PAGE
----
Courses can take a lot of time to build, especially if this is your first course. Tasks that you thought would take minutes might take hours of fiddling and editing. By building one module before you try and pre-sell you will have an understanding of how long the process took you and allow you to create realistic estimates for when you will be able to deliver the course.
7. Courses aren’t passive
While you can definitely make leveraged income, they aren’t completely passive.
Even if you are going to build a course that doesn’t come with live calls or support… you’ll need to put active work into selling the course, and even tech support for when issues come up.
As with anything, there is always work involved.
I’m all for building courses, making sales while you sleep and making leveraged income by offering group programs, but there is always work involved to get there.
8. It’s all about support
You CAN sell a course where they only get access to content, which they do at their own pace… but (and there is always a but), I don’t recommend it.
Let’s be honest, if your participants just wanted the content they could probably find it online.
Realistically, people don’t buy courses for just the content. They want a helping hand, they want personalised support, they want to know if what they are doing is right or wrong, and they want to interact with others who are doing the same thing.
Courses aren’t just about the content.
9. Courses need to be sold
This isn’t a case of “build it and they will come”. Courses don’t magically sell themselves (although we all wish they did).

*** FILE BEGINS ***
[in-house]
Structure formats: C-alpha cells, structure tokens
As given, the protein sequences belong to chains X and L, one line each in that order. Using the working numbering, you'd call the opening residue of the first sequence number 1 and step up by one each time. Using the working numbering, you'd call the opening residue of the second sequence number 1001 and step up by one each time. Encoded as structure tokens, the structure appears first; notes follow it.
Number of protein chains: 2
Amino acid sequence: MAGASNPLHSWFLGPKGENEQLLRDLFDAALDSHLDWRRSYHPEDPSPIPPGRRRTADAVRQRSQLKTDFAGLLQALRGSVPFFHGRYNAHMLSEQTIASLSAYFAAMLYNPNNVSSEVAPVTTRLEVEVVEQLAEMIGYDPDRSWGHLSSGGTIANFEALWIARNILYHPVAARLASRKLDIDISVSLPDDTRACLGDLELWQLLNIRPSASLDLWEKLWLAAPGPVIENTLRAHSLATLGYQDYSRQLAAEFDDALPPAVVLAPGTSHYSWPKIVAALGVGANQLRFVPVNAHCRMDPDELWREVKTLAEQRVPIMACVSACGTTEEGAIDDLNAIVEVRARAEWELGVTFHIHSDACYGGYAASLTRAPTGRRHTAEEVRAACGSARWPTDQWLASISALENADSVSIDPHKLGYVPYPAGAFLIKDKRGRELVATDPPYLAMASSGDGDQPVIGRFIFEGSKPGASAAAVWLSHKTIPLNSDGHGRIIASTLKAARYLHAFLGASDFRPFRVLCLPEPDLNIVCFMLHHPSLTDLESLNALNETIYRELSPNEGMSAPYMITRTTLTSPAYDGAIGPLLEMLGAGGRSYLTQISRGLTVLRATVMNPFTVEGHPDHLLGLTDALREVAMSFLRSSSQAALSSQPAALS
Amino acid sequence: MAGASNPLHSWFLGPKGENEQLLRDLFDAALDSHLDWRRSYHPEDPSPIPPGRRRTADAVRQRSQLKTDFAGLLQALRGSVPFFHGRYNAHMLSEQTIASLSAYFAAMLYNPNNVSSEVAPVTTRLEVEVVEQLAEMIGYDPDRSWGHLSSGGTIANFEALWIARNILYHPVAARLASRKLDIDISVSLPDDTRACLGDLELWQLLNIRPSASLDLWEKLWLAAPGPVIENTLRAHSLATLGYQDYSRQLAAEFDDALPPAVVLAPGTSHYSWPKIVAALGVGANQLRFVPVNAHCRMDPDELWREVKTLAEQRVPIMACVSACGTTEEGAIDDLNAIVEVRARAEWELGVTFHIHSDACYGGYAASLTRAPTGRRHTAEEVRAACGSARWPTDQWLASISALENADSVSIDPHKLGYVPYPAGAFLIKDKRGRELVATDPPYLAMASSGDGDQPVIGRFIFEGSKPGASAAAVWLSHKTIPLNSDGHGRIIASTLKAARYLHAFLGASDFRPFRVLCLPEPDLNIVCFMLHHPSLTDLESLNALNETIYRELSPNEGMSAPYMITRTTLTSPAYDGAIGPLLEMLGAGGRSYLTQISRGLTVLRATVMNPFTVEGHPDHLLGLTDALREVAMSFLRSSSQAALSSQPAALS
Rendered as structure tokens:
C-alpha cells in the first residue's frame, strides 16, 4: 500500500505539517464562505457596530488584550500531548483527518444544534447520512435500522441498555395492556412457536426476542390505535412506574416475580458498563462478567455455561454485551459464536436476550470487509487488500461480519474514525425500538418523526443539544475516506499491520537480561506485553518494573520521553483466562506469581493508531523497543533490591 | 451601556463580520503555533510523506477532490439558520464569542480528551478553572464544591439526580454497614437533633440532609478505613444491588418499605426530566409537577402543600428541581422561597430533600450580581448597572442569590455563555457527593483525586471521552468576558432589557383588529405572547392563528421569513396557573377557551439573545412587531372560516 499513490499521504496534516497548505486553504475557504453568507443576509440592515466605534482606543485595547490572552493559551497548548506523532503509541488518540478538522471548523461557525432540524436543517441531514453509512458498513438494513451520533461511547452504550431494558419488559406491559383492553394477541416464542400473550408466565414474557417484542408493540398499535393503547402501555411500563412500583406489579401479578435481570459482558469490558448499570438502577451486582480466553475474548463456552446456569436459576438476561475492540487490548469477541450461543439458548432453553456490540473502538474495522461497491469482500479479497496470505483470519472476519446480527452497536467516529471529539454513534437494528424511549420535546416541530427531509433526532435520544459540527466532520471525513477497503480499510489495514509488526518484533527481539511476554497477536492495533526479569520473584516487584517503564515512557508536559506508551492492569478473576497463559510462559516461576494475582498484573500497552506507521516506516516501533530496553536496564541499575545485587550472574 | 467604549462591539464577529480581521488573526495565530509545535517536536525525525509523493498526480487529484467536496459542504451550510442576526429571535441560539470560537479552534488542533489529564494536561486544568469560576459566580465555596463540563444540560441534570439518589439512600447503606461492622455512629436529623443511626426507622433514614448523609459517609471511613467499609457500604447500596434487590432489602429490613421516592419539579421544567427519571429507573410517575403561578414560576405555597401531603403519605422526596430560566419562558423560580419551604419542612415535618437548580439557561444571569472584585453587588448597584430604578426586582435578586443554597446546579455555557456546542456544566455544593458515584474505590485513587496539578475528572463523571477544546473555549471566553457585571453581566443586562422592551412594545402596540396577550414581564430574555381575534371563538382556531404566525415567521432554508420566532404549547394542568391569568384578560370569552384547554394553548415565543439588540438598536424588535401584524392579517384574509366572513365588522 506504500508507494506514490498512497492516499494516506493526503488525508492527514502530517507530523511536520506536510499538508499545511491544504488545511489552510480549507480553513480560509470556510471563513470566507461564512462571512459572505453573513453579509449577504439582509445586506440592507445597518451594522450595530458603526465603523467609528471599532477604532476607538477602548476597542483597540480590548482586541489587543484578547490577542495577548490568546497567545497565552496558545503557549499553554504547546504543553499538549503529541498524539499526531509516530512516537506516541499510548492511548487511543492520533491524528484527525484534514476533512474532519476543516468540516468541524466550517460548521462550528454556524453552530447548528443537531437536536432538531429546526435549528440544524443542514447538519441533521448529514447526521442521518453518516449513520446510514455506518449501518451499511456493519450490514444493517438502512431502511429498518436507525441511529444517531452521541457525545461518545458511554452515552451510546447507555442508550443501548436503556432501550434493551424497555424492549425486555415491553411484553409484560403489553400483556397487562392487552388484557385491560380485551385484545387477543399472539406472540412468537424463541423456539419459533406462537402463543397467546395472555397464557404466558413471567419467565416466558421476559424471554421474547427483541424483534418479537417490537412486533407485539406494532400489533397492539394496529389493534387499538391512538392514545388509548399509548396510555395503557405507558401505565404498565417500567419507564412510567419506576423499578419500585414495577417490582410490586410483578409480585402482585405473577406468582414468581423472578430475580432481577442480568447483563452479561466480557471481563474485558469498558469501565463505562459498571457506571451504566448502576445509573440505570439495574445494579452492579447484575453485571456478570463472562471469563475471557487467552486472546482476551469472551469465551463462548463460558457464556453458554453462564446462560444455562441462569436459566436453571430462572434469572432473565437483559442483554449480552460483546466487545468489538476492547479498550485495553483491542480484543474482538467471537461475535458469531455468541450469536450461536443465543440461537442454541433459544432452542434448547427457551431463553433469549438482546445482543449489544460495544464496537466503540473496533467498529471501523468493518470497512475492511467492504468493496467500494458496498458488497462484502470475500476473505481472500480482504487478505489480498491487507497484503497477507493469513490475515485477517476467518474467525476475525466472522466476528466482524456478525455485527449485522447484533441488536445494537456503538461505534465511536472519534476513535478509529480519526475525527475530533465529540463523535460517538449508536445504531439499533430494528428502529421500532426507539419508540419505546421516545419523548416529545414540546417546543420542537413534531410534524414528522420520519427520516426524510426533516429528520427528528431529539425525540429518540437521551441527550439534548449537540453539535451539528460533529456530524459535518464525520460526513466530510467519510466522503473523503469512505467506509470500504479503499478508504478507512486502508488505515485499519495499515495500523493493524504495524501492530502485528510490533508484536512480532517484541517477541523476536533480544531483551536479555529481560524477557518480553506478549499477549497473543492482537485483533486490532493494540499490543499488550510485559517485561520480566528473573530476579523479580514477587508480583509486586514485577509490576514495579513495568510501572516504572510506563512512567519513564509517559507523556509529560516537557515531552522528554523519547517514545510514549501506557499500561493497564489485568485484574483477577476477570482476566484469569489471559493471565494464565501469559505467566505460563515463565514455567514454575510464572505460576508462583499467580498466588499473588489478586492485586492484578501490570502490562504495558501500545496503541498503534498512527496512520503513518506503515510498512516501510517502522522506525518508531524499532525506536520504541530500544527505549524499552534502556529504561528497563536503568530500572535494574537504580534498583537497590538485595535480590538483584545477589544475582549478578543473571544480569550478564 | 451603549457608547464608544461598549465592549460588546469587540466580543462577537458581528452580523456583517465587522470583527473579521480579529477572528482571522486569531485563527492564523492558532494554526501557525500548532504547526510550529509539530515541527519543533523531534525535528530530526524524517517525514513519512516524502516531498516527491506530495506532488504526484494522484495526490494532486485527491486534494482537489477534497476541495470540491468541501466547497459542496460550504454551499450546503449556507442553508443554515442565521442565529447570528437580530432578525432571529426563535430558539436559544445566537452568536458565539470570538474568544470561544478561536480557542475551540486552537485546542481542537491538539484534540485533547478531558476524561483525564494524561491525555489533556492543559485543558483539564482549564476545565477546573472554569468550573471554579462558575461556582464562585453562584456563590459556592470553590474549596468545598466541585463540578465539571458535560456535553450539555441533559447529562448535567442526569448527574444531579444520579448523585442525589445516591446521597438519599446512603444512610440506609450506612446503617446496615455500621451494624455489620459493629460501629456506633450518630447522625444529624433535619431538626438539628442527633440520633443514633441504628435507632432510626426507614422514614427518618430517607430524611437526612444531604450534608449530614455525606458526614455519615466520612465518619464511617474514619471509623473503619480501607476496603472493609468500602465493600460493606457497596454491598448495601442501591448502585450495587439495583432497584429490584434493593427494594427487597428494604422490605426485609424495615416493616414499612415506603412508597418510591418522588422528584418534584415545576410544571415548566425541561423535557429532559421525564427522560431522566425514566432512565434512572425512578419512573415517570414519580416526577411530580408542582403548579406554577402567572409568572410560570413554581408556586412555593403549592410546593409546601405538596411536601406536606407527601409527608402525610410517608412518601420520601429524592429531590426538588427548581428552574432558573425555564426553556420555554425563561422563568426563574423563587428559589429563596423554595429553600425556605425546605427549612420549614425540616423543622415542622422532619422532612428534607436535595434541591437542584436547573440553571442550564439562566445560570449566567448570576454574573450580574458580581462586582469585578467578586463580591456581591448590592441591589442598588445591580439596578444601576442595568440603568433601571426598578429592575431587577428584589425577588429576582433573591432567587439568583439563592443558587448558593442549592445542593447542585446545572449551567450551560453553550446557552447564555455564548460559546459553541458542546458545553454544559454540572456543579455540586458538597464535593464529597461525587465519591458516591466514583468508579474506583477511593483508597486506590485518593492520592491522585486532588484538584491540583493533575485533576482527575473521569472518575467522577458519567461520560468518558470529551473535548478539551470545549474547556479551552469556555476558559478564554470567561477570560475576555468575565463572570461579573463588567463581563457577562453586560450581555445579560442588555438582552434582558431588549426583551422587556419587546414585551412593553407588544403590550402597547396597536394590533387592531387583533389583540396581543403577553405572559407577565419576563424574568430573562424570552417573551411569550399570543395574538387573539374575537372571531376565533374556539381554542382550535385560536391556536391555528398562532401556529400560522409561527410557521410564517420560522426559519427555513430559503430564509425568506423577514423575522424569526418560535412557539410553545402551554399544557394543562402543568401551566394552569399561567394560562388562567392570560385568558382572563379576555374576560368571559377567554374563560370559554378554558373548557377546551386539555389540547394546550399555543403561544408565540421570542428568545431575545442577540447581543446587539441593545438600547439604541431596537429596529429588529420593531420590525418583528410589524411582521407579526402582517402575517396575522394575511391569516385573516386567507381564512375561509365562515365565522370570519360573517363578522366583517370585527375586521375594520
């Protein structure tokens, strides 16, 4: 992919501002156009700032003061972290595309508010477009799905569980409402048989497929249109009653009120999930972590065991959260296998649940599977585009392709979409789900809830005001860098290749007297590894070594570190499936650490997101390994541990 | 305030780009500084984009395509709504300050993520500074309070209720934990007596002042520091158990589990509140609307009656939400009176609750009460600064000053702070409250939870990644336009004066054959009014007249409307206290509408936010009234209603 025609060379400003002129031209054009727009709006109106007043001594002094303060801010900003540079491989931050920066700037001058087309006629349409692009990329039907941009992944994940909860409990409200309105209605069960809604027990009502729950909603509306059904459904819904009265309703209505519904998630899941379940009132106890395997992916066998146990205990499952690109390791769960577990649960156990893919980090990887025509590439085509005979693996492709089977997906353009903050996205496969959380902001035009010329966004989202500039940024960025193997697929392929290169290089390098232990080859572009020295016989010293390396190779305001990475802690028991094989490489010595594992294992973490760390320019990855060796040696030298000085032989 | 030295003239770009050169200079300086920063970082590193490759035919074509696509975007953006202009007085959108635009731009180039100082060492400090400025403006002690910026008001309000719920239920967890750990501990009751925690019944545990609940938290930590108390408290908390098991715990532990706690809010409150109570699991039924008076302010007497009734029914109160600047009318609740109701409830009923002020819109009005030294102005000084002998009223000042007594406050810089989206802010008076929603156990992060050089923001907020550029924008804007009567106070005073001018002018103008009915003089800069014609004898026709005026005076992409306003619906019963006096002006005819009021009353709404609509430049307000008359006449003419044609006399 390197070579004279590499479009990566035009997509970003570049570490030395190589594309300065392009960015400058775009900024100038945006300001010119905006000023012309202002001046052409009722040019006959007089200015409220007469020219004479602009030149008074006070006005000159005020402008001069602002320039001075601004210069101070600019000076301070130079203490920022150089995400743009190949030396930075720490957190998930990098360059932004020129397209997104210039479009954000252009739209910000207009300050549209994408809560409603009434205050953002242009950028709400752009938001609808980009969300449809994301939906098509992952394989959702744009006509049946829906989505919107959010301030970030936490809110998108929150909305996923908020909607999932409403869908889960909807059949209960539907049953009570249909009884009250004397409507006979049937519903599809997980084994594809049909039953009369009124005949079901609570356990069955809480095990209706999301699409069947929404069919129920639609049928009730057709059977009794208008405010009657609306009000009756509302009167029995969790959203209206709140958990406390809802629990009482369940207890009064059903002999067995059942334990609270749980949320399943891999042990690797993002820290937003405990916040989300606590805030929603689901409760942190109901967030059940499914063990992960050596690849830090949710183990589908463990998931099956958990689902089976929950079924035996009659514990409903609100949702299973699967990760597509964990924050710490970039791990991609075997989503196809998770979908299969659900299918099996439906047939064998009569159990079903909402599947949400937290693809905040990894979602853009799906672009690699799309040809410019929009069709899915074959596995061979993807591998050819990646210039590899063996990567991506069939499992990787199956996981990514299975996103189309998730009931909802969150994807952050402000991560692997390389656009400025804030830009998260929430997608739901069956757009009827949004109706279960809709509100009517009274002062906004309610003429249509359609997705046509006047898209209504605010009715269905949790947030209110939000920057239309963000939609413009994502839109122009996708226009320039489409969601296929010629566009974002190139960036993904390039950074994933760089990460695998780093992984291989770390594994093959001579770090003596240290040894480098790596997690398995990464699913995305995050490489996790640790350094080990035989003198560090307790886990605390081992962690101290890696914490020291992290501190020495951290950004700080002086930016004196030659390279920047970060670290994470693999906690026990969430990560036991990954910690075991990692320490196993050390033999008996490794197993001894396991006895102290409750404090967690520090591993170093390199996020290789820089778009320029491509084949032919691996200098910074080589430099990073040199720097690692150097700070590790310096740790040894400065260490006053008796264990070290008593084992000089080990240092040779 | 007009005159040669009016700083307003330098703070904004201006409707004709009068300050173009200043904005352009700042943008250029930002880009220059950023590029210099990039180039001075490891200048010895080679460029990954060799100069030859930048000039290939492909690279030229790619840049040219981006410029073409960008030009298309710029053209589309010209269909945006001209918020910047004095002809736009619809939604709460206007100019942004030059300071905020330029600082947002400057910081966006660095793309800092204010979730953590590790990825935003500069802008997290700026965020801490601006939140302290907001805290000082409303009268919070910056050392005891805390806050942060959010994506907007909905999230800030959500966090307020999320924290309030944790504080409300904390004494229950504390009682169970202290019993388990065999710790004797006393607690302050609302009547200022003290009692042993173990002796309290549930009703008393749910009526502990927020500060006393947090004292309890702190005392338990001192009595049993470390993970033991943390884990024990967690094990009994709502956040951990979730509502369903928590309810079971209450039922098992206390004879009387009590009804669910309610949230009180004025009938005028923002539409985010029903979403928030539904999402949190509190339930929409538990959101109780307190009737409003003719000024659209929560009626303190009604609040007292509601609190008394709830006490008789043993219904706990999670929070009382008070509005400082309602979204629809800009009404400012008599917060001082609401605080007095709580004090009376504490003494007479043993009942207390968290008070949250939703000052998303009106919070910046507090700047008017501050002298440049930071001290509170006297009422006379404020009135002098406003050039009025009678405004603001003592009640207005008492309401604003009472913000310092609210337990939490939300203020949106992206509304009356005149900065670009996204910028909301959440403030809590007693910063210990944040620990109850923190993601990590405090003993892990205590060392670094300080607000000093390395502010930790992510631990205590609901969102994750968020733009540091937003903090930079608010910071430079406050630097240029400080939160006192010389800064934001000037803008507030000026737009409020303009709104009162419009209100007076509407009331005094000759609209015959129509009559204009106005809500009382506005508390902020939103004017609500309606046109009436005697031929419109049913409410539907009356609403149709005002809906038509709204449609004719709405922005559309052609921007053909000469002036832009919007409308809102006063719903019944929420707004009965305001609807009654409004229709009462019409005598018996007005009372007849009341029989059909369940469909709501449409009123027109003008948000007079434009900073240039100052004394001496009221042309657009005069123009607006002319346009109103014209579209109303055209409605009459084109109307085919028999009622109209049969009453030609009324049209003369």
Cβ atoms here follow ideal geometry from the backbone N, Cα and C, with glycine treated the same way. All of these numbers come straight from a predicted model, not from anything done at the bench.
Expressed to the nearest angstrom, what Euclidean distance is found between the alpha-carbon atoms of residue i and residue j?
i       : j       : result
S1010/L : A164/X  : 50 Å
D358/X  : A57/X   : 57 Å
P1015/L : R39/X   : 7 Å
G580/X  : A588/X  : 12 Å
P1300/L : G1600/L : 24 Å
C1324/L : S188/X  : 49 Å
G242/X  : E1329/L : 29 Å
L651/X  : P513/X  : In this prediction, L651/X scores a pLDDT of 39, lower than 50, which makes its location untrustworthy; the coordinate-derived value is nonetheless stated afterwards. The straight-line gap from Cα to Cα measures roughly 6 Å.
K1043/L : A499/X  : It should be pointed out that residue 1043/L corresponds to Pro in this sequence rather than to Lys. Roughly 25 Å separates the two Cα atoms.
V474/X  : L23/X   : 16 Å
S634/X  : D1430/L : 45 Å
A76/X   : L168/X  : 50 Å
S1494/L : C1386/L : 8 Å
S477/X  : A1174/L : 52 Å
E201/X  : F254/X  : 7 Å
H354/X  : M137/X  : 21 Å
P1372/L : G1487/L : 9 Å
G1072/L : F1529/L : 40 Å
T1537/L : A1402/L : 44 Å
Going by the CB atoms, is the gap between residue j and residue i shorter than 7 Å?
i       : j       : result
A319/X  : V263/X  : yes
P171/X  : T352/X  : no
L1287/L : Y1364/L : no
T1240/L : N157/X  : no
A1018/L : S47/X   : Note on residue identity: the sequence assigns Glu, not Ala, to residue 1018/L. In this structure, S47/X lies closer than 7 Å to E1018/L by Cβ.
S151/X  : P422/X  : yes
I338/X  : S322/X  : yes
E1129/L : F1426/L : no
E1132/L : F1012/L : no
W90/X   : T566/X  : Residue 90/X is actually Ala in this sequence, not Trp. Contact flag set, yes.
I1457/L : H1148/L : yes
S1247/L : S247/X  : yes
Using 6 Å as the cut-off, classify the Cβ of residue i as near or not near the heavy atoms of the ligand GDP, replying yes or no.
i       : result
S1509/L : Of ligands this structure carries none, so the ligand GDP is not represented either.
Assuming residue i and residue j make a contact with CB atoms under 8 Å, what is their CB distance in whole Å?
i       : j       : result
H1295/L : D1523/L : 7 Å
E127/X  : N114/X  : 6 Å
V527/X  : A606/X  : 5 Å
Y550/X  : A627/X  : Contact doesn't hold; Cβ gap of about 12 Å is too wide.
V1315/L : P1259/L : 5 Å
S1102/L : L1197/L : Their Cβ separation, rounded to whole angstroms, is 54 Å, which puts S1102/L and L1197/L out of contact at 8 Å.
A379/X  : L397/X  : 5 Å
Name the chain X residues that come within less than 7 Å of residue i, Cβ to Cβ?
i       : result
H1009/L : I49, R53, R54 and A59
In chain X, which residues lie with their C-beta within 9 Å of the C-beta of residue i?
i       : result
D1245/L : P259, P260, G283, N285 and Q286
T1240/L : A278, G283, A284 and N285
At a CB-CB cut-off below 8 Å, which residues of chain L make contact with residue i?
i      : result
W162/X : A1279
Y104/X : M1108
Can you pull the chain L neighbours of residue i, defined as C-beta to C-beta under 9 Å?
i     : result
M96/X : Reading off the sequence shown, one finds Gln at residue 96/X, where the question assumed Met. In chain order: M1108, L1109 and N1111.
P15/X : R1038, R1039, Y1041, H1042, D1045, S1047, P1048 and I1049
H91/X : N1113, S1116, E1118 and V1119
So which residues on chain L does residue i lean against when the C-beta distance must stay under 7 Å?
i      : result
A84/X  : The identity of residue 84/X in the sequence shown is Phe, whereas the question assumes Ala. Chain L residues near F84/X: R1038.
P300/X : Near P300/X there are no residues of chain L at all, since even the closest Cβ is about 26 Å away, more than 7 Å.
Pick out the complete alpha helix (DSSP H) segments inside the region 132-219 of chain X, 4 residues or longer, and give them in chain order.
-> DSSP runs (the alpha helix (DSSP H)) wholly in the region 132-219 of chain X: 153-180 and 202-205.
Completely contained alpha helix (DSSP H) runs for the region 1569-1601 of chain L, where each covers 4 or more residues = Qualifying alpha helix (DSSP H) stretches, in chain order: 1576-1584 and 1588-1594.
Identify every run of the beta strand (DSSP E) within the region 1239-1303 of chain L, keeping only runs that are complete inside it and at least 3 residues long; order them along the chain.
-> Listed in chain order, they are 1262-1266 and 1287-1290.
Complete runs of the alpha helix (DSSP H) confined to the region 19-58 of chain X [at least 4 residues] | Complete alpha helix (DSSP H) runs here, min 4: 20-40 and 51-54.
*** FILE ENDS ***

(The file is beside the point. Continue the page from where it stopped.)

Take time to build your audience, connect with them and support them. Make sure that the course you are building assists them and solves their problems.
And make sure that you have a well-written sales page and a realistic marketing plan. You’ll need to put some effort into this.
10. There are lots of options when it comes to tech
There are lots of different options to put your course online.
Do you want to host the course on your own website?
Do you want to use a course platform so that you don’t have to worry about doing so much of the tech work?
Do you want to put your course on a platform that actively promotes courses, like Udemy? (Note: There are lots of pros and cons to these platforms, make sure you are aware of them before you add your course to one of these platforms)
There are lots of different ways you can get your content online, that will suit your technical ability, your participants’ needs and your budget.
Don’t get too caught up in all the different option, do a little research, then pick one and run with it.
And as a bonus….
11. You can do this
The first 10 points might seem a little overwhelming, but you can do this.
Adding courses to your online products and services is a great way to grow your income and serve your audience.
You can have a great online course.
Just break it down into little steps and start by getting everything out of your head and making some notes.
You’ve got this.
Have you created your own online course? What did you find was the most important factor?
Have an awesome day,
About the Author
Sam helps busy service providers take all of that knowledge out of their head and turn it into a sellable course or membership product, so they can stop working so many face to face hours. If she’s not busy creating courses or pulling all of that wisdom out of your head, then you’ll find her kid wrangling and making terrible sandwich related puns about her name. You can find out more about her at samwinch.com.au